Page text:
The notorious art thief Stéphane Breitwieser who committed numerous thefts in France, Switzerland, and Germany between 1995 and 2001 is alleged to have continued committing crimes after his release from prison. He worked as a waiter travelling around Europe, and stole on average once every 15 days a quantity of art estimated to total $1.4 Billion. In 2006 he wrote an account of his thefts. But that book has not it seems sold very well, or occupied Breitwieser’s time.
Vincent Noce reports for the Art Newspaper that:
He had been under surveillance since 2016 when he offered a 19th-century paperweight on eBay. Several such objects were stolen from the crystalware museum in Saint Louis, owned by the fashion house Hermès. At his house in the city of Marmoutier, police also discovered roman coins from an archeological museum and other pieces from local and German galleries; €163,000 in cash was stashed in buckets at his mother’s home.
One of the times when thefts of art are most common is surrounding holidays and festive events. The most obvious example is of course the Isabella Stewart Gardner theft. The same goes for large homes as well. Tony Buzbee, a successful Houston trial attorney found himself the victim of a home burglary early Monday morning. He had apparently had a Superbowl party at his large mansion the evening before, and discovered a man riding away on a moped from his garage at around 6 a.m. on Monday. He discovered that an estimated $21 million worth of goods was stolen, including this art:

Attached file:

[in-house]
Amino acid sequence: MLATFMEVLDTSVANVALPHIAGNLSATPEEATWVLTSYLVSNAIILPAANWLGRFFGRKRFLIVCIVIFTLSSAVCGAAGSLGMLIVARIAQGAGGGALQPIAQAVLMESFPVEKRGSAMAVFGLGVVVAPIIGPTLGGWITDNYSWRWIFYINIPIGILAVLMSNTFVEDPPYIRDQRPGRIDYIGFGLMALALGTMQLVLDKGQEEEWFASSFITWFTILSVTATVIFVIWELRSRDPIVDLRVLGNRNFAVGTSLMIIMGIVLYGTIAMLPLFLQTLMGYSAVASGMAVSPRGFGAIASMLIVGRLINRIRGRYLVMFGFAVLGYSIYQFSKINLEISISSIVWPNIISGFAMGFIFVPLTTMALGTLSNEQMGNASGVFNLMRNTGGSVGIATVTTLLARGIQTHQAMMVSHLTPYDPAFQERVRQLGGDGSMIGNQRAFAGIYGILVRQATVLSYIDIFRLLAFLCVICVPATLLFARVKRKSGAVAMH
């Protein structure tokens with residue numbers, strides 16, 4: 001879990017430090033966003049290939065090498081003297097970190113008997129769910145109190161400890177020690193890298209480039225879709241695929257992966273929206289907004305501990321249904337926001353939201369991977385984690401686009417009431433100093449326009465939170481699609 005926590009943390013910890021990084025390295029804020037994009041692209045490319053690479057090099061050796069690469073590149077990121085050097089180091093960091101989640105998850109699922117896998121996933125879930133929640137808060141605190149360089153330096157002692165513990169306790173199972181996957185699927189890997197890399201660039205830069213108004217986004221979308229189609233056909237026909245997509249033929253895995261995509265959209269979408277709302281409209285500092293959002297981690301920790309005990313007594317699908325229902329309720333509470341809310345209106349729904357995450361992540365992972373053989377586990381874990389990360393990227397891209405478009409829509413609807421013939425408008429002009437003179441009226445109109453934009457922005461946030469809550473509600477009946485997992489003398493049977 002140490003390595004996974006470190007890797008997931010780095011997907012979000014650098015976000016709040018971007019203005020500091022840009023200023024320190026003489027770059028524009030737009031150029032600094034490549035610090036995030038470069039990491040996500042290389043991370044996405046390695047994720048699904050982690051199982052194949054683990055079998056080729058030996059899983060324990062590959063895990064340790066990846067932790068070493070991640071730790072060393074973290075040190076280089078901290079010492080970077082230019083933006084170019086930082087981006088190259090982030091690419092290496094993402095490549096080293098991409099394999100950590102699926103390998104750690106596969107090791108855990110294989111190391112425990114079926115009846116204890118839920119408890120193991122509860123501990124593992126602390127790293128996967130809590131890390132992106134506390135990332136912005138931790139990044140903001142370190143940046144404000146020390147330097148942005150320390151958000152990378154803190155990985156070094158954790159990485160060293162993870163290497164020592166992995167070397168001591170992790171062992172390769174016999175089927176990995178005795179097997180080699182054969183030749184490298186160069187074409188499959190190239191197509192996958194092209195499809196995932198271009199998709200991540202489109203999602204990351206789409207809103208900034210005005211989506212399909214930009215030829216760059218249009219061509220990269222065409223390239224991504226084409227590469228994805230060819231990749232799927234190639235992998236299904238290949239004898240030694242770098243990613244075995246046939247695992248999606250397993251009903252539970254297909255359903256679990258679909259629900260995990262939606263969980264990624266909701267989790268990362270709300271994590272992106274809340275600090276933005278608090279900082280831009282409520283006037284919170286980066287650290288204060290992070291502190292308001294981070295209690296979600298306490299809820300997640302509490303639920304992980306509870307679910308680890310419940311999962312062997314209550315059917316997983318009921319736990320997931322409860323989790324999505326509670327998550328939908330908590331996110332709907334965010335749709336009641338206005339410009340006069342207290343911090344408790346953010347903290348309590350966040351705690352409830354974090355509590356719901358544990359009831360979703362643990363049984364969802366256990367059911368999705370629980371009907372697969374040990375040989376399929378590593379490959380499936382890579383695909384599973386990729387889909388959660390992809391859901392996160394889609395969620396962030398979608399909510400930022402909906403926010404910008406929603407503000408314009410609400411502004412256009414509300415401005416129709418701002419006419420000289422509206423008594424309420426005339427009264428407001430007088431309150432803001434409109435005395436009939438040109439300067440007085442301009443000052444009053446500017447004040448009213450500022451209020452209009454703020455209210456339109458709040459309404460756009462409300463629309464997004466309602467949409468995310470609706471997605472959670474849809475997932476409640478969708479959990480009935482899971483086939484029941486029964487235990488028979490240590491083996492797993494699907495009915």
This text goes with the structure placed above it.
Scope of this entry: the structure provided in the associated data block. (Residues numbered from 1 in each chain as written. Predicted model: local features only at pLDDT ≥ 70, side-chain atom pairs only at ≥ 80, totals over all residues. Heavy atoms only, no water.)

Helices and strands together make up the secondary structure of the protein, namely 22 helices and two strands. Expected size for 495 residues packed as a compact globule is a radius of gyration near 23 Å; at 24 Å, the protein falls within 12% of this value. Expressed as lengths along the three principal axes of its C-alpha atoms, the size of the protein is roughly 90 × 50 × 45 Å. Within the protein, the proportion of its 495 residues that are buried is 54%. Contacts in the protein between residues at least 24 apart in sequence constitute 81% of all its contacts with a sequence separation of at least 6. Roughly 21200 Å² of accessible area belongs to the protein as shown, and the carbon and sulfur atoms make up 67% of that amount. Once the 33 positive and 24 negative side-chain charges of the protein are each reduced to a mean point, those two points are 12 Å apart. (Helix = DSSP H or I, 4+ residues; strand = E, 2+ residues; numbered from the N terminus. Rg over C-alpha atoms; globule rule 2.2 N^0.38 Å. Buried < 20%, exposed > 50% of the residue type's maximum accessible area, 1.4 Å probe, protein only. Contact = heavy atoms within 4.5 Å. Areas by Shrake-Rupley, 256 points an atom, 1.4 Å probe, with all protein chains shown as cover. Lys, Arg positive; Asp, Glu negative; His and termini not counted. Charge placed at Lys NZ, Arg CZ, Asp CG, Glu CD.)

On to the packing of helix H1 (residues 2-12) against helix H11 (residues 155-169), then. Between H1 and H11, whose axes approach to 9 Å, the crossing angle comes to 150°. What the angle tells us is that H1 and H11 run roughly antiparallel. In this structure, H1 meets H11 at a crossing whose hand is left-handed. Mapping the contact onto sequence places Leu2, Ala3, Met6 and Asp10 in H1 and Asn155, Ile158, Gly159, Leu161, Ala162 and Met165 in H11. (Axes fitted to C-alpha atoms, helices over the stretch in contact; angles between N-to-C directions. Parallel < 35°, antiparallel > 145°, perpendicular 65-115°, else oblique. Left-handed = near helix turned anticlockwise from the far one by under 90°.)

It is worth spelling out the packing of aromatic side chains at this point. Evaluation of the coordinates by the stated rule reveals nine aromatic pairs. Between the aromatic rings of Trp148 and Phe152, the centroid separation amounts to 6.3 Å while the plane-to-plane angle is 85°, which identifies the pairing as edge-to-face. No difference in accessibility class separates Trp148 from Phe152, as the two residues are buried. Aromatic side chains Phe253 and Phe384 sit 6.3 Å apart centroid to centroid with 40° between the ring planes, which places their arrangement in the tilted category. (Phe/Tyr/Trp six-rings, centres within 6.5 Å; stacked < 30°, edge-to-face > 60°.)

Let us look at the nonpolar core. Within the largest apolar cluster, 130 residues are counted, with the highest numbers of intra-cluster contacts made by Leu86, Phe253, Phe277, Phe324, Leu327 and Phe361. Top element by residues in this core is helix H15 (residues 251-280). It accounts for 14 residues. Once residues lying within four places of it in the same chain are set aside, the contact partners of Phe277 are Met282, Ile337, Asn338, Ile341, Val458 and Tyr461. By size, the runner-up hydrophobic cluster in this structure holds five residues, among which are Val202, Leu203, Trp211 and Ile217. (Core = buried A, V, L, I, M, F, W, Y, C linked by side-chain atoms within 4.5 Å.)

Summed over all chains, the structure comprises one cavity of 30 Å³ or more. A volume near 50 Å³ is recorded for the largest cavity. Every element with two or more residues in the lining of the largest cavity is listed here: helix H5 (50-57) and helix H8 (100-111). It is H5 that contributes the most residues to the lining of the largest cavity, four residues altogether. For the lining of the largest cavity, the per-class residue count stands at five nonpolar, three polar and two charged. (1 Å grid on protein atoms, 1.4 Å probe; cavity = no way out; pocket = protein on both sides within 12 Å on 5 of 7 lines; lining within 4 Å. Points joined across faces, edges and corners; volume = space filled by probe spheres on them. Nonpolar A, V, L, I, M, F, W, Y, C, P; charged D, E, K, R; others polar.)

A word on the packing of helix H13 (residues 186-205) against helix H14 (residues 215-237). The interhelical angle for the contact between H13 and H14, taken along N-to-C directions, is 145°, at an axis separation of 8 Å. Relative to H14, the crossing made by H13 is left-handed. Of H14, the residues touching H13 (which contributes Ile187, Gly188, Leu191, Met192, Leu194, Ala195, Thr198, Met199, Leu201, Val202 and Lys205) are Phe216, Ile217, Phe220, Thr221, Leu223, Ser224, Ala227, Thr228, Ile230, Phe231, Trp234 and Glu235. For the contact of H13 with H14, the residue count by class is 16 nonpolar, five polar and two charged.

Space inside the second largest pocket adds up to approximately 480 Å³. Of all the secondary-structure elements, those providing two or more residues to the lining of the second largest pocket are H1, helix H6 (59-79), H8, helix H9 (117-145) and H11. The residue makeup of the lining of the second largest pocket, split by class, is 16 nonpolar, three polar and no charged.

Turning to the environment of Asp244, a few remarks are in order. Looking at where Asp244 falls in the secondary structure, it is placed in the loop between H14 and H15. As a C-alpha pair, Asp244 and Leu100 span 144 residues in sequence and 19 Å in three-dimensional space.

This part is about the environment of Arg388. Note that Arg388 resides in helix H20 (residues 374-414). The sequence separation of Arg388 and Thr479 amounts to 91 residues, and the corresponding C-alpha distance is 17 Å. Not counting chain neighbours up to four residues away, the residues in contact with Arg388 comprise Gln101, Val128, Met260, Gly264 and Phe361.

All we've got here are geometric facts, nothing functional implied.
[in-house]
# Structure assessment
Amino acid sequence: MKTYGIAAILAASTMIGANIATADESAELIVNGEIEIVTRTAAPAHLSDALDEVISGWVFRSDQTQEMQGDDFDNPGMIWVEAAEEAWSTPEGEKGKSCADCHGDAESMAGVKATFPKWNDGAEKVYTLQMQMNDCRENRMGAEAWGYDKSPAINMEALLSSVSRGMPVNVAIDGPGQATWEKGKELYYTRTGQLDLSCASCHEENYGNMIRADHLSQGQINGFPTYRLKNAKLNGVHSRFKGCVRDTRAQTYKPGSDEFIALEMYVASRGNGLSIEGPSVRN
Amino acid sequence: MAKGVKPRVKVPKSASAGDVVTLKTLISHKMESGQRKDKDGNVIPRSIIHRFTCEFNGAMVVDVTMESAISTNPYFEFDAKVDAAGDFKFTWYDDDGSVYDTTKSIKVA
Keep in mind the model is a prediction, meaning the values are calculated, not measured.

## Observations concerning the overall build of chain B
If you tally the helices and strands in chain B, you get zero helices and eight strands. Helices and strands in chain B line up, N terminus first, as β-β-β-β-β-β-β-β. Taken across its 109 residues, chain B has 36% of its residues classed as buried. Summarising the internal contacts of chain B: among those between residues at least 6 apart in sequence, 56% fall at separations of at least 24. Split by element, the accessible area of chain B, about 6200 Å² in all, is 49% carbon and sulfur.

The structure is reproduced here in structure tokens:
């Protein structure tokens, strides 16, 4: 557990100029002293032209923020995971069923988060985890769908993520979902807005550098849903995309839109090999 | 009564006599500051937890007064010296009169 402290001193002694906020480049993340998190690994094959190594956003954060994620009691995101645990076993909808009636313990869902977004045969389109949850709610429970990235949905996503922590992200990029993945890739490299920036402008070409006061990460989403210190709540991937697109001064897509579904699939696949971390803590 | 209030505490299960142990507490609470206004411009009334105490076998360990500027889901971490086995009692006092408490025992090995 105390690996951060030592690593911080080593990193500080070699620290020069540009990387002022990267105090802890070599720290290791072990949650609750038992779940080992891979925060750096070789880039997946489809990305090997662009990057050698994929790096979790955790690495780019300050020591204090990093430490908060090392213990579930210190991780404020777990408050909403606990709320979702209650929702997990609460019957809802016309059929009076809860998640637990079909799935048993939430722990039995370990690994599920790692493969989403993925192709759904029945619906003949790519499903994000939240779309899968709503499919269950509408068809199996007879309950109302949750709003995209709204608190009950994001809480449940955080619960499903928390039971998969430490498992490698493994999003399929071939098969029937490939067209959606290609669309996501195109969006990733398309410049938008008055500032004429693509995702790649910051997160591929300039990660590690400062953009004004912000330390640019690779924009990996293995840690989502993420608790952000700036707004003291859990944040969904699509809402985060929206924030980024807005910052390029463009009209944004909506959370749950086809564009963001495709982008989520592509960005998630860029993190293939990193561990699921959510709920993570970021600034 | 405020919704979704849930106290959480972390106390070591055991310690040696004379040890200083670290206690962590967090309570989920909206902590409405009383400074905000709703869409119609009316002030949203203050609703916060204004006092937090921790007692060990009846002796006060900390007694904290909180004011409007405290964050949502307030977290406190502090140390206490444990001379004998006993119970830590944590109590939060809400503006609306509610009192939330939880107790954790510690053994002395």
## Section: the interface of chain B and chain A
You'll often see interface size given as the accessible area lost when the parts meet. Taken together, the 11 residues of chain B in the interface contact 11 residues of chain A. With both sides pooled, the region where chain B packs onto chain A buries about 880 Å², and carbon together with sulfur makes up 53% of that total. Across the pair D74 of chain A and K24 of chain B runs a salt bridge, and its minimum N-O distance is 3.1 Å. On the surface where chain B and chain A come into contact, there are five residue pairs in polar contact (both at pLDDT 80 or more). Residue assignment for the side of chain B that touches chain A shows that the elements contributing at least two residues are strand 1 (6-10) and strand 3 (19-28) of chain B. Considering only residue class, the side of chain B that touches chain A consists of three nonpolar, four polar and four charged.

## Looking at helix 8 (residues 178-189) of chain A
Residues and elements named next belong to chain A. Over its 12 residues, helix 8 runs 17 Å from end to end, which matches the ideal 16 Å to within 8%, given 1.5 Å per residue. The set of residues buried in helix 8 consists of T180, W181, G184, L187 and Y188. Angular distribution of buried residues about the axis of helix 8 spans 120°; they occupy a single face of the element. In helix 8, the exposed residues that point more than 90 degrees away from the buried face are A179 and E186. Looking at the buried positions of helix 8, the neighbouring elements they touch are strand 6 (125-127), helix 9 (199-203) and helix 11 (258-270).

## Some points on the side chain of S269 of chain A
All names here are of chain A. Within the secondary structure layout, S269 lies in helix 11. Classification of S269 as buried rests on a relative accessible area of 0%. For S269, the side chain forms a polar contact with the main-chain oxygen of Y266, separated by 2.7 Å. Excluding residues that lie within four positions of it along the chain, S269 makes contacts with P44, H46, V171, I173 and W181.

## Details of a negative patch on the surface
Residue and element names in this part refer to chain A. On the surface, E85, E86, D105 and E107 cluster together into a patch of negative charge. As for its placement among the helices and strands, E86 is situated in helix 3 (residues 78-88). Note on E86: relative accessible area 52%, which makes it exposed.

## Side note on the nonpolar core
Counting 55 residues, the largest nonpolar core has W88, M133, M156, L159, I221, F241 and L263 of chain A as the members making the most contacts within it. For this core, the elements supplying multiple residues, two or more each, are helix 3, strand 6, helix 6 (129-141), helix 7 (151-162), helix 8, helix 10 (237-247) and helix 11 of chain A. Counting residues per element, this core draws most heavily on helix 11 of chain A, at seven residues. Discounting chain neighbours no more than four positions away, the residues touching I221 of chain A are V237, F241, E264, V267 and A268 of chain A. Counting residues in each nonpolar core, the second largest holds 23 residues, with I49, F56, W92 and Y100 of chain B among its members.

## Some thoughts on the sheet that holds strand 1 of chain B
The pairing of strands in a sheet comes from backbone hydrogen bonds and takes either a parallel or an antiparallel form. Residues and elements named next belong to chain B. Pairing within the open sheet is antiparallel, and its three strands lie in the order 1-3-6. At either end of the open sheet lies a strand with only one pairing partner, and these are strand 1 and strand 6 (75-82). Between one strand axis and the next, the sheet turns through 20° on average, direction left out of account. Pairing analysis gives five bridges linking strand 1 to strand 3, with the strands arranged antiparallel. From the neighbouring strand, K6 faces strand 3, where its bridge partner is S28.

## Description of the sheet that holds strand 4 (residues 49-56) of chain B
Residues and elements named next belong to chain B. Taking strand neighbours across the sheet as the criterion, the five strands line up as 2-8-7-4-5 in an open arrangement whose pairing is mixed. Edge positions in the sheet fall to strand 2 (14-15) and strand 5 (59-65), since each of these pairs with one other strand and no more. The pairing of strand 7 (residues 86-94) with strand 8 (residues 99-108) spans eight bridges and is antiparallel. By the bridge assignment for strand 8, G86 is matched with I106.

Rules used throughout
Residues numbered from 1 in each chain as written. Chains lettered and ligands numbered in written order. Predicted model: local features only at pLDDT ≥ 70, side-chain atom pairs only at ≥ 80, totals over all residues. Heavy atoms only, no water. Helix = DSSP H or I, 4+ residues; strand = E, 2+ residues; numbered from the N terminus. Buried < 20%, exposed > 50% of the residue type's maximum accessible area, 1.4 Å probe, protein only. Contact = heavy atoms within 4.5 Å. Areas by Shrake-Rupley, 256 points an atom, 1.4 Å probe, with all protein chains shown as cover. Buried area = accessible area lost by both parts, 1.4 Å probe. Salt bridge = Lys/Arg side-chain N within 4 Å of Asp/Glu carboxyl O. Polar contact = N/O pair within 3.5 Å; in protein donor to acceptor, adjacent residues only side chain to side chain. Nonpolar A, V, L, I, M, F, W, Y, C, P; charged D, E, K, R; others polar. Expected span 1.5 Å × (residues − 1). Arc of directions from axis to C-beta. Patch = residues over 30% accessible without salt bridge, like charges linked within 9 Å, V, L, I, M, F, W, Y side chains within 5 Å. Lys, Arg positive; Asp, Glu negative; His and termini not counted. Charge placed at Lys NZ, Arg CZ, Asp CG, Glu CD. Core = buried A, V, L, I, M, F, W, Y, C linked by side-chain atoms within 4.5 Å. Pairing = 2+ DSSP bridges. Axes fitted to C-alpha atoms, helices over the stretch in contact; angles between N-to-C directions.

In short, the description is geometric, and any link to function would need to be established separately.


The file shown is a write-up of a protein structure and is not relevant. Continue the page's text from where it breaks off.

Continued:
Pablo Picasso’s ‘Femme Accoudee’ painting, valued at $216,611
A Fernand Leger painting, ‘Paysage au coq rouge’, valued at $1,284,015
Pierre Bonnard’s ‘Jeune Femme au Chapeau noir,’ valued at $832,125.00
Jean Pierre Cassigneul’s painting, ‘Femme en Vert,’ valued at $111,563
Childe Hassam’s ‘California Hills in Spring’ painting, valued at $985,000.
Buzbee has had trouble keeping his art safe before. In 2017, a first date with a Dallas court reporter got out of hand and she allegedly, in a drunken frenzy, started throwing sculpture and damaged a couple of Andy Warhol paintings when Buzbee tried to call her a ride home.